Prof. Adeniyi Gbadegesin, the Vice-Chancellor, Ladoke Akintola University of Technology (LAUTECH), Ogbomoso, on Monday appealed to the striking lecturers of the institution to return to work.

Gbadegesin told journalists in Ogbomoso that the problem facing the university, jointly owned by Oyo and Osun, was “almost over as the owner state governments had pledged more commitment to fund it’’.

The News Agency of Nigeria (NAN) reports that the institution was closed barely eight months ago as a result of industrial action by the academic staff of the institution.

NAN also reports that management of the institution had earlier announced that the university would re-open on Jan. 27 after eight months of closure, but the Academic Staff Union of Universities (ASUU), LAUTECH Chapter, refused to resume academic activities.

Gbadegesin said that the institution was being owed subvention arrears amounting to N7.1 billion by the owner state governments, with Oyo owing N1.8 billion, and Osun owing N5.3 billion.

“The N5.3 billion owed by Osun was from 2014 till date, while the N1.8 billion owed by Oyo was between 2015 and 2016.

“N296 million is our monthly subvention, Oyo pays from January to June, while Osun pays subvention from July to December every year,” he said.

The vice-chancellor commended Gov. Abiola Ajimobi of Oyo State for initiating a meeting with the management and the university unions, which led to the payment of two months salaries.

“The union agreed with the governor at the meeting that the N250 million each to be paid by the owner states will not be enough for the payment of two months.

“They requested for additional N84 million which Gov. Ajimobi approved immediately.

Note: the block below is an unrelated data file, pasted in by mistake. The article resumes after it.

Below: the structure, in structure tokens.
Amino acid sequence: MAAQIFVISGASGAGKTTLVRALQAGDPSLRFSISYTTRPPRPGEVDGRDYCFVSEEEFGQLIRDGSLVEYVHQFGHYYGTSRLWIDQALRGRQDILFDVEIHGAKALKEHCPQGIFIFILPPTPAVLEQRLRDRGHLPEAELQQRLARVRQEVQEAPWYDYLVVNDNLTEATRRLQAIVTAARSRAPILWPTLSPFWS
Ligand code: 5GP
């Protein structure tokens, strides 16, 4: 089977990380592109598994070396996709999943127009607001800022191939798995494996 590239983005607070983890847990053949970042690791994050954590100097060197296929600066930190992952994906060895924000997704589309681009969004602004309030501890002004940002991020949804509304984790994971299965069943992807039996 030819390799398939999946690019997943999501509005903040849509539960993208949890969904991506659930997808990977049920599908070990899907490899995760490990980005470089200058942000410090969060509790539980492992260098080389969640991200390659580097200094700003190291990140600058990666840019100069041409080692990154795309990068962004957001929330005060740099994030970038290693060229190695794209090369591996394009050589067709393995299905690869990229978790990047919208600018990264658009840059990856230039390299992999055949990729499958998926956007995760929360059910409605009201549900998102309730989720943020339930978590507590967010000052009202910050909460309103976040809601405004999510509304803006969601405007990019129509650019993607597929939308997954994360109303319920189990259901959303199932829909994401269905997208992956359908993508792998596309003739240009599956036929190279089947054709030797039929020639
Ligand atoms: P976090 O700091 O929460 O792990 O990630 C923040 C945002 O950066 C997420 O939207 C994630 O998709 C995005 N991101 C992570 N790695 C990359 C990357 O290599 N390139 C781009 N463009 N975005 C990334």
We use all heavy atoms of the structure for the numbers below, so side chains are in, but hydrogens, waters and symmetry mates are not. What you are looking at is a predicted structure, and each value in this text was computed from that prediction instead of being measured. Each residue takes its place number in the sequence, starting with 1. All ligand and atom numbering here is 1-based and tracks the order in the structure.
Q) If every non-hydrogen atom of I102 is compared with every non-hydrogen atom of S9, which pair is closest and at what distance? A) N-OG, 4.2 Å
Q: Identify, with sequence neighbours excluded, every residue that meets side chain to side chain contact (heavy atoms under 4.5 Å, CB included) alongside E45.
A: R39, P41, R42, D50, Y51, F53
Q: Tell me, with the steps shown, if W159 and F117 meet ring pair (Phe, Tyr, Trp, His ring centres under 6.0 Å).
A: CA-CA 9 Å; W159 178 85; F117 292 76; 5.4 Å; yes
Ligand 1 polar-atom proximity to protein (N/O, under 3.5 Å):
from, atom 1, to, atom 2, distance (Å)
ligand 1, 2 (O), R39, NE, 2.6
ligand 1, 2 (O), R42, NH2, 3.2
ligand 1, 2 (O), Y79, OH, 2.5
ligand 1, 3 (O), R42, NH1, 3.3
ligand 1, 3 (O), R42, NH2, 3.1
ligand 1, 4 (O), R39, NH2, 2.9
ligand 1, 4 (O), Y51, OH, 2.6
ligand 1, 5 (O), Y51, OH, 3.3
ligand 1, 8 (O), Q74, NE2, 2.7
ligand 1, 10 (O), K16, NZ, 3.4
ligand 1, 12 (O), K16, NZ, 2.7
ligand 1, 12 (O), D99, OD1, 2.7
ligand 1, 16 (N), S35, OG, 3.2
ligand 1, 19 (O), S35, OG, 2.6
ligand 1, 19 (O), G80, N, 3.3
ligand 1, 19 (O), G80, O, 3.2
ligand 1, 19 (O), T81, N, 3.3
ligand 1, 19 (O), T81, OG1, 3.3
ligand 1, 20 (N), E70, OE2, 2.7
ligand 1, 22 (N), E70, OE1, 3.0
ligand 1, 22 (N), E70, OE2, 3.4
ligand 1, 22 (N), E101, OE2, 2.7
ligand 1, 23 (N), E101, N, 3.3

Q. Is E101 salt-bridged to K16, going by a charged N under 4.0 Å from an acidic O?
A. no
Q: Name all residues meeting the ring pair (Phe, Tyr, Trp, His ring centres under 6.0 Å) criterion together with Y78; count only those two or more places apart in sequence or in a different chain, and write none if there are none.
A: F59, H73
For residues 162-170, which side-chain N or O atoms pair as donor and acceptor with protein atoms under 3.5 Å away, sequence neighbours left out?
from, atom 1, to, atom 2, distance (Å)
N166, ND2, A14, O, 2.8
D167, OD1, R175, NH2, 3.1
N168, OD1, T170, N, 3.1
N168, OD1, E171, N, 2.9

“Oyo State Government has paid its N292 million, while the remaining N42 million from Osun will be paid any moment from now,” he said.

Gbadegesin said that the monthly wage bill of the institution on the average was N360 million, adding that they had been augmenting the payment with not less than N80 million.

Speaking on resumption, he said that many students had resumed and trying to settle their accommodation, while others were busy with the registration.

Gbadegesin said that in spite of the current economic challenge, Ajimobi had assured at the meeting that the agreement was tentative.

“The governor also promised to set aside some amount for the institution as soon as the state receives its share of the Paris Club excess fund,” the vice-chancellor said.

He said the institution could not be self-sustaining as a public university, adding that it needed regular subvention to function effectively.

Gbadegesin said the institution had set up a board for LAUTECH Ventures to boost its revenue, adding that the council has also agreed to establish an Institute of Software Engineering with Google Engineering.

The vice-chancellor, while acknowledging that the current hardship was due to the nation’s economic recession, said that he was yet to receive any directive on tuition fee increment.

“We are appealing to the owner state governments to continue funding the institution to achieve the dream of the founding fathers. We thank all our unions for their cooperation so far.

“I will like our striking lecturers to consider the interest of the students and return to work.

“The management and staff are determined to ensure the students get the best from the institution,” he said.

Gbadegesin also thanked parents for their concern and patience during the eight months strike.

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